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E-Pedagogy: Challenges for learning and teaching

Sammy Adelman, School of Law, University of Warwick

E-learning pedagogy is of central importance to the University’s overall e-learning strategy and I welcome this opportunity to respond to the “Changing faces of e-Pedagogy?” article as an initiative to stimulate debate. I believe that e-pedagogy is different to conventional pedagogy, primarily because the experience of learner is likely to be different. This is a small initial response to the issues raised.

My primary concern at present is online distance learning, a form of pedagogy in which the learner is not physically present on campus. Such students must therefore receive and process all information without face-to-face tutoring. However, I believe that all forms of e-learning require a different approach from both teacher and student.

I agree that there is a danger that what currently passes for e-pedagogy may too readily come to be regarded as just another administrative task. Whilst more and more syllabi are being placed on the web, and more materials are available over the Internet, these are too often a digitalised form of printed materials.

Teaching in conventional ways, with printed materials and course packs, and lectures and seminars, implies certain pedagogical approaches; since lecturers receive little or no formal training I am not sure that many of us are aware of the pedagogical issues involved in “normal” teaching.

In working through the issues involved in the construction of an online masters degree it has become clear that simply transposing current content and practice into digital form is inadequate. I fully agree that the concept of a “course” as currently understood is likely to be inadequate. Research that we have undertaken suggests, first, that students would prefer a modular approach that permits the widest range of choices. Second, the timescales involved in e-learning (at least distance e-learning) mean that the timeframes within which we work on campus do not necessarily impose the same constraints: a term becomes a potentially meaningless concept in cyberspace. In addition, it might be anticipated that e-students will wish to complete their degrees/diplomas in different timescales to resident students.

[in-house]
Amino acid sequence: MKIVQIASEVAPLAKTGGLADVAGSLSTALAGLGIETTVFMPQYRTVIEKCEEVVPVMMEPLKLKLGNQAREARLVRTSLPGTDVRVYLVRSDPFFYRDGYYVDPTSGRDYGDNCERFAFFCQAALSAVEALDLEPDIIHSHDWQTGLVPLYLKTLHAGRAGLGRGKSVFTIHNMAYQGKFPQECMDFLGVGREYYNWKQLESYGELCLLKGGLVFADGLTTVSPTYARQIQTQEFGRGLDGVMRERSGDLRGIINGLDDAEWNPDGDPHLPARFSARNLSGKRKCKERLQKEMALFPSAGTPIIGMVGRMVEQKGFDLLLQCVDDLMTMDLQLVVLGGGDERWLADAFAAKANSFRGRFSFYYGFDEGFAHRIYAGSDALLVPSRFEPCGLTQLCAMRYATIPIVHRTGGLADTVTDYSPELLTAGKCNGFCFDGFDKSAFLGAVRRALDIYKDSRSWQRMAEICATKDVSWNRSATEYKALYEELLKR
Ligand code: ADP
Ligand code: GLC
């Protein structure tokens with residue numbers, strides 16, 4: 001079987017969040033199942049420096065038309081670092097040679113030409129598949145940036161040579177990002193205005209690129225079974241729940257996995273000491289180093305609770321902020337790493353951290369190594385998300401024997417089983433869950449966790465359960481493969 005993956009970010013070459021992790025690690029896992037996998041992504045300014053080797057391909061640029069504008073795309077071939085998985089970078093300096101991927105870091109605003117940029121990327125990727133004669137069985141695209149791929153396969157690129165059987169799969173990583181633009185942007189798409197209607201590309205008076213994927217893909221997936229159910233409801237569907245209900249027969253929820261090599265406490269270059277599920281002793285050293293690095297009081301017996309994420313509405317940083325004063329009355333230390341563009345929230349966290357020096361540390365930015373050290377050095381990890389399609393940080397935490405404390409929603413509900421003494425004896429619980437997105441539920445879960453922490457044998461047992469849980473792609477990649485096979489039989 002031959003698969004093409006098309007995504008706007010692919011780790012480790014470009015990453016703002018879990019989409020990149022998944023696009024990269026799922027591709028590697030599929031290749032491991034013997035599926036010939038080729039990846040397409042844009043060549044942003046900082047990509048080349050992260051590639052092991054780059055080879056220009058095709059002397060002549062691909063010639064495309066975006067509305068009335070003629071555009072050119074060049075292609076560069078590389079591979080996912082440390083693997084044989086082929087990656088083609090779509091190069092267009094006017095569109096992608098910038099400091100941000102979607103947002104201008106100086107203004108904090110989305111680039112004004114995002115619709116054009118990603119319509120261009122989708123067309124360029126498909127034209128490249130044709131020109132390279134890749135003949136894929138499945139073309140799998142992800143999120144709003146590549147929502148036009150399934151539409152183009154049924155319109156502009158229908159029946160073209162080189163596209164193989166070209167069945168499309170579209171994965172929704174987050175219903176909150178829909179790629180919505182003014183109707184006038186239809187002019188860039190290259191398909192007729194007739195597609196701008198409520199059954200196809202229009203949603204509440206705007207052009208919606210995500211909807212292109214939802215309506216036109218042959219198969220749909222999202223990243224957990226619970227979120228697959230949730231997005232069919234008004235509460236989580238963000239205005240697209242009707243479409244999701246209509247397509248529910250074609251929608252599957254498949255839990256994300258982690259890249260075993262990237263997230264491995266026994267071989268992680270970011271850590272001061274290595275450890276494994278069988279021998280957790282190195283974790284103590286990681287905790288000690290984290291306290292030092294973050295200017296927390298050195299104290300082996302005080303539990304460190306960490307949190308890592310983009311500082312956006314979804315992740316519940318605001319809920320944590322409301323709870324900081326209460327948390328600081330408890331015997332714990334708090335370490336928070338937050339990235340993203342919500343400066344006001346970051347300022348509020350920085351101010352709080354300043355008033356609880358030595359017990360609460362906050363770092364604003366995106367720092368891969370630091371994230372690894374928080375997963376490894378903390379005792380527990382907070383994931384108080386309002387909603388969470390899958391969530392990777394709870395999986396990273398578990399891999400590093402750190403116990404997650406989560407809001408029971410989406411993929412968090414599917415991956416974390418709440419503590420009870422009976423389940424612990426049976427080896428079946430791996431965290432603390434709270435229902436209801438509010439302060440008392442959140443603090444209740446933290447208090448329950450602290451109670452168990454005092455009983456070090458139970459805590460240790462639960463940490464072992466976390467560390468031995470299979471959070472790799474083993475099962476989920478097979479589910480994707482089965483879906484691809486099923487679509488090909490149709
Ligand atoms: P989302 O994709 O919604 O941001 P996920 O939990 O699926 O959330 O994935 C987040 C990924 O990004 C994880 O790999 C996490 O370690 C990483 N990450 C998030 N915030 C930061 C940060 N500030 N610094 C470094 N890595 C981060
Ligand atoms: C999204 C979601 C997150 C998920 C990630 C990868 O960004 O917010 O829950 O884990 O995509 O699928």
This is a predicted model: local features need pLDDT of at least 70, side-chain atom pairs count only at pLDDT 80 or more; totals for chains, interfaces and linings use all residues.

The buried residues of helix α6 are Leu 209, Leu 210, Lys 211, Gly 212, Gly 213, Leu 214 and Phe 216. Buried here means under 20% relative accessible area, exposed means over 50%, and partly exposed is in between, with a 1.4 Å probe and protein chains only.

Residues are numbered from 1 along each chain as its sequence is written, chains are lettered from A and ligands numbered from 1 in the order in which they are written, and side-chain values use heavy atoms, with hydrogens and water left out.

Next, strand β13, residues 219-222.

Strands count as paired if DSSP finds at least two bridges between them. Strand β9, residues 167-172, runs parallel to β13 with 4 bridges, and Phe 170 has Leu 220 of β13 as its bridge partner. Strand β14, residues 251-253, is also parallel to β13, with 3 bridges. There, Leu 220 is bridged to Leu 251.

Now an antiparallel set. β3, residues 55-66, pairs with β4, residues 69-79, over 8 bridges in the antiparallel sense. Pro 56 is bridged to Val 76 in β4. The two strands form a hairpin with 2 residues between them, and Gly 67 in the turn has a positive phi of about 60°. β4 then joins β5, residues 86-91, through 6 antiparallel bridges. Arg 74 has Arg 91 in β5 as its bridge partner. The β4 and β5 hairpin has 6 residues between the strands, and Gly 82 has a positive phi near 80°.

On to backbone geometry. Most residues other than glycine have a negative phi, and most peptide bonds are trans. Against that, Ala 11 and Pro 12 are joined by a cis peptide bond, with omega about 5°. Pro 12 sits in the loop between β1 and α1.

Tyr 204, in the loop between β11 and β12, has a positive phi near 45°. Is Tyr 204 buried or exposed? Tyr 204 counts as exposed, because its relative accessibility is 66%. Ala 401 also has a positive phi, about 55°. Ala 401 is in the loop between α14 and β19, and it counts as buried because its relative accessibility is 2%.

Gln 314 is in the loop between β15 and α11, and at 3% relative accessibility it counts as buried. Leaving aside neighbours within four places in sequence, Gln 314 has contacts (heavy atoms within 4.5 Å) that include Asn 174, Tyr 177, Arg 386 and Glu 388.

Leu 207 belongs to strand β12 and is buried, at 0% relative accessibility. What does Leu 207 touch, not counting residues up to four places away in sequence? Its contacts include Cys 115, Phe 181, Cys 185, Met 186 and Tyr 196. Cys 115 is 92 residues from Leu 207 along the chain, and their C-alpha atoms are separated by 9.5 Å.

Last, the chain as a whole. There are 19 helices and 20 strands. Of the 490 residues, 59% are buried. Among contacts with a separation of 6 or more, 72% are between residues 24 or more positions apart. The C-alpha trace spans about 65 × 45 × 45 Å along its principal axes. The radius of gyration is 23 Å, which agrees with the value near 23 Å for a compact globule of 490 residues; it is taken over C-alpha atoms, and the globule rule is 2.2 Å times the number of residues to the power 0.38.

I have encouraged the University to develop a coherent e-learning strategy (including a pedagogy) that will provide adequate support for the different needs that will arise. I fully appreciate the undesirability of pushing departments with different needs in one direction; however, there are so many common needs and interests, from the security of the network, the need for a portal, etc. to the provision of common authoring tools that it is only on a university-wide scale that we can sensibly hope to proceed without a potentially vast waste and duplication of resources.

In delivering e-learning to students (both resident and distance) we need to move beyond the rudimentary tools that are generally in use at present, like SiteBuilder, and explore the ways in which, and the pedagogical implications of, different and enhanced tools like Authorware, Macromedia Breeze, etc. We must certainly find ways of delivering content in stimulating, interactive forms that enhance the learning experience. Above all, we must seek to view the process from the perspective of the learner in designing and delivering content.

It is my impression that few people on campus are aware of how great the cultural change is likely to be when e-learning becomes more widespread – and this has important pedagogical implications. The ways in which we teach will change greatly; what we must therefore seek to do is manage these changes in ways that are least threatening for academics and make best use of existing skills – rather like the way in which we now word process many things that not so long ago were undertaken by secretarial staff.  A key is the encouragement of a mindset that generates content in a digital form: we need to think how everything we produce might look and work in digital form.  We need to encourage the use of programs such as PowerPoint, with which many feel comfortable, for the production of content which can be plugged into more sophisticated programs like Authorware or Breeze. We need to explore ways of using technology to examine and test students.

Above all, at present, we need to talk, collaborate and exchange views, to learn from each other and from the inevitable mistakes we will make. There is no easy or perfect way of doing e-learning, as the fate of UKeU demonstrates, and we are still only on the foothills of what is possible; equally I have no doubt that e-learning is here to stay, that it will expand and that in a decade or so we will marvel at how far we have come in comparison to where we are today. To this end, it is crucial that the University provides resources, support and patience, that it be prepared to innovate and have patience with the glitches and problems that will inevitably arise.

Dr Sammy Adelman
School of Law
University of Warwick

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